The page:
Most of the panels in a car are made from steel, so there’s not a huge difference between any two. Still, there is some difference and there can even be sufficient differences within the same panel for the process to take place — especially when the metal is highly stressed from being formed.

Also, car panels are often joined together by lines of spot welds running along flanges sandwiched together at the edges. This creates narrow spaces that are capable of trapping water. Water trapped in these regions tends to become oxygen depleted, creating an electrolyte imbalance that acts upon metals of the same basic composition as though they were more different.


One way of preventing electrochemical corrosion is to simply ensure that no water gets into the sorts of locations we’re talking about. Or, if it does, to dry it out before corrosion sets in. This, however, is more easily said than done, as moisture is very invasive. If you get even the smallest chip in the paint, moisture can get under an edge and start the process. The resultant corrosion will remove metal, allowing more water to get in and helping the process continue and spread.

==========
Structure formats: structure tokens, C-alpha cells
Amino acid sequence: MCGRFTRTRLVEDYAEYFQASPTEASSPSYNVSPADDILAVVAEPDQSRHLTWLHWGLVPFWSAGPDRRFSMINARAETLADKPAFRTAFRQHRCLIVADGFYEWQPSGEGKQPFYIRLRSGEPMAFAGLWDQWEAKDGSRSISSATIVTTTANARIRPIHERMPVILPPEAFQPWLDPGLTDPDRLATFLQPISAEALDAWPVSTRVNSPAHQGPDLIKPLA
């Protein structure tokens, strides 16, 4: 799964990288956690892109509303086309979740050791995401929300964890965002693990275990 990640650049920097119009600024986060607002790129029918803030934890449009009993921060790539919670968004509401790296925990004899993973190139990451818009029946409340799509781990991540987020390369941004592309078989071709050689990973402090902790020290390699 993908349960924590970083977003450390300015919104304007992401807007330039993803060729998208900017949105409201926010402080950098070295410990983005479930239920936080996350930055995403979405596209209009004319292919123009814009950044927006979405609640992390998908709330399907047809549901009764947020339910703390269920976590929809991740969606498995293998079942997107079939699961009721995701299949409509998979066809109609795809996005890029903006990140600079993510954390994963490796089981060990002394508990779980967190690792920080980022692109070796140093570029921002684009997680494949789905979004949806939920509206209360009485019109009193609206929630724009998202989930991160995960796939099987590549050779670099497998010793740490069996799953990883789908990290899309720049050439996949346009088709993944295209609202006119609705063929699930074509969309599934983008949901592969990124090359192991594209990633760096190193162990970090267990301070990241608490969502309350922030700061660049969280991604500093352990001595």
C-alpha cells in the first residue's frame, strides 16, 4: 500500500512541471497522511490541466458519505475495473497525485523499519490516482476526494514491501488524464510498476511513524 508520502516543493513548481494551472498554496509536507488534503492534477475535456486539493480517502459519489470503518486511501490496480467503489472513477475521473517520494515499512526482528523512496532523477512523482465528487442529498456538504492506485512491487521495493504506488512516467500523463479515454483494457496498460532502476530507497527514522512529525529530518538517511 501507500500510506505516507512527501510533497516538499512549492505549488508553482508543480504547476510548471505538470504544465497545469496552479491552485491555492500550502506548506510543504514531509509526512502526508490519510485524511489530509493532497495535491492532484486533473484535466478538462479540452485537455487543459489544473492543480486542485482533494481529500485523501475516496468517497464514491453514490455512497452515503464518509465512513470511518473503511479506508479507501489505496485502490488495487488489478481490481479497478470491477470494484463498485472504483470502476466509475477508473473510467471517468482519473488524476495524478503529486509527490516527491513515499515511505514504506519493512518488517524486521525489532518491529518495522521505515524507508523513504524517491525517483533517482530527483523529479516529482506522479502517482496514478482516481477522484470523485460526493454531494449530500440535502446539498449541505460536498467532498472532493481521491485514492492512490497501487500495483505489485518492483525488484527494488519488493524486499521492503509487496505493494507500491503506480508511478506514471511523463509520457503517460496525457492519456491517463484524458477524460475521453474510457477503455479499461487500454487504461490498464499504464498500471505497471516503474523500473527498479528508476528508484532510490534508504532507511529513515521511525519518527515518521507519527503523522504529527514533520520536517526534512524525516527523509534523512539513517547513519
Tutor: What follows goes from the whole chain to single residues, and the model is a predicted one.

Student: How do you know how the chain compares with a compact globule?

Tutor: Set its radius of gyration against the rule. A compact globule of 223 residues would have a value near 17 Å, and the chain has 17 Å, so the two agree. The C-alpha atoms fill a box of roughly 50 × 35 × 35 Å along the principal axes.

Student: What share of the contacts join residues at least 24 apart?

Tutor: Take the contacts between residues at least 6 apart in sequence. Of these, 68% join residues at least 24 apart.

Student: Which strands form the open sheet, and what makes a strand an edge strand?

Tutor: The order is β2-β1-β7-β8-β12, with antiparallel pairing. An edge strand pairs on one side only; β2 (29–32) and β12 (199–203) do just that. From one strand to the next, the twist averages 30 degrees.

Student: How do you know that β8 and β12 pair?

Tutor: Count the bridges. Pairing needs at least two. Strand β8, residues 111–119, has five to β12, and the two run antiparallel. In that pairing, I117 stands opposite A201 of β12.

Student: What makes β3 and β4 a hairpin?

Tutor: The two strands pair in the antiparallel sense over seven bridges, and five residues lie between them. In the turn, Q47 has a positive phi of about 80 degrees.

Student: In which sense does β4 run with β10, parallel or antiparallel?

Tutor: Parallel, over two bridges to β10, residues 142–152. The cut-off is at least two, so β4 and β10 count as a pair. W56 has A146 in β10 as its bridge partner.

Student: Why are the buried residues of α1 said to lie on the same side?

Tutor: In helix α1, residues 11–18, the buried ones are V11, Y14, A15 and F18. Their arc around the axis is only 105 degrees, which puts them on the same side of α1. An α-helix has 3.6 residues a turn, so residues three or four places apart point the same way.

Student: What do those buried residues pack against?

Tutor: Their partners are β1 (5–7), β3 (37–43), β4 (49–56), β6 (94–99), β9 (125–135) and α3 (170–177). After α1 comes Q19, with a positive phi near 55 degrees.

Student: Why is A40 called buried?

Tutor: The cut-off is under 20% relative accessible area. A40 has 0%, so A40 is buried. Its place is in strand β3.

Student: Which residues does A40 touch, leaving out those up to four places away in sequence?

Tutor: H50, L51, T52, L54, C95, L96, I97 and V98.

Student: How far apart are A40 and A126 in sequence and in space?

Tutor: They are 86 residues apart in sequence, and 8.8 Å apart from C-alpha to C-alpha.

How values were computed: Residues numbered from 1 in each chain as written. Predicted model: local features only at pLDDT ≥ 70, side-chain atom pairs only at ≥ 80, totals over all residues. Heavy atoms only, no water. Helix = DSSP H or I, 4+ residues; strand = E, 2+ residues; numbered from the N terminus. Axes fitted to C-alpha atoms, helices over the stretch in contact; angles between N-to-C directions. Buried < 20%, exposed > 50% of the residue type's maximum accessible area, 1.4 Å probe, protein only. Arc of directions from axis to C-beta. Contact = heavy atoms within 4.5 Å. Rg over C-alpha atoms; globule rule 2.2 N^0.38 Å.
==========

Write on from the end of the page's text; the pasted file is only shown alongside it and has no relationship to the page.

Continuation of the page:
Similarly, the water-based electrolyte at the top of a crack in a metal surface will have a different composition than the electrolyte at the bottom of the crack. Accelerated corrosion occurs at the base of the crack and the problem gets worse. This is a particularly dangerous condition because the corrosion is restricted to such a small area that it may go unnoticed until the crack becomes so deep that a catastrophic failure occurs. Pitting is another form of corrosion that occurs in the same manner.


You’d think that keeping your car in a garage and never driving it would be enough to solve the moisture problem. Not so, according to general manager and head restorer at the Fox Museum, Brian Tanti. He says that even with cars that never see liquid water, temperature fluctuations cause condensation wherever air can reach. This moisture accumulates and eventually rust begins.

Brian further explains that the only solution to this is a temperature, humidity and pressure-controlled, dustless environment. In a car that is driven, dust is a particular problem because it gets into tight areas where it combines with moisture to form a damp electrolytic mud that never dries out.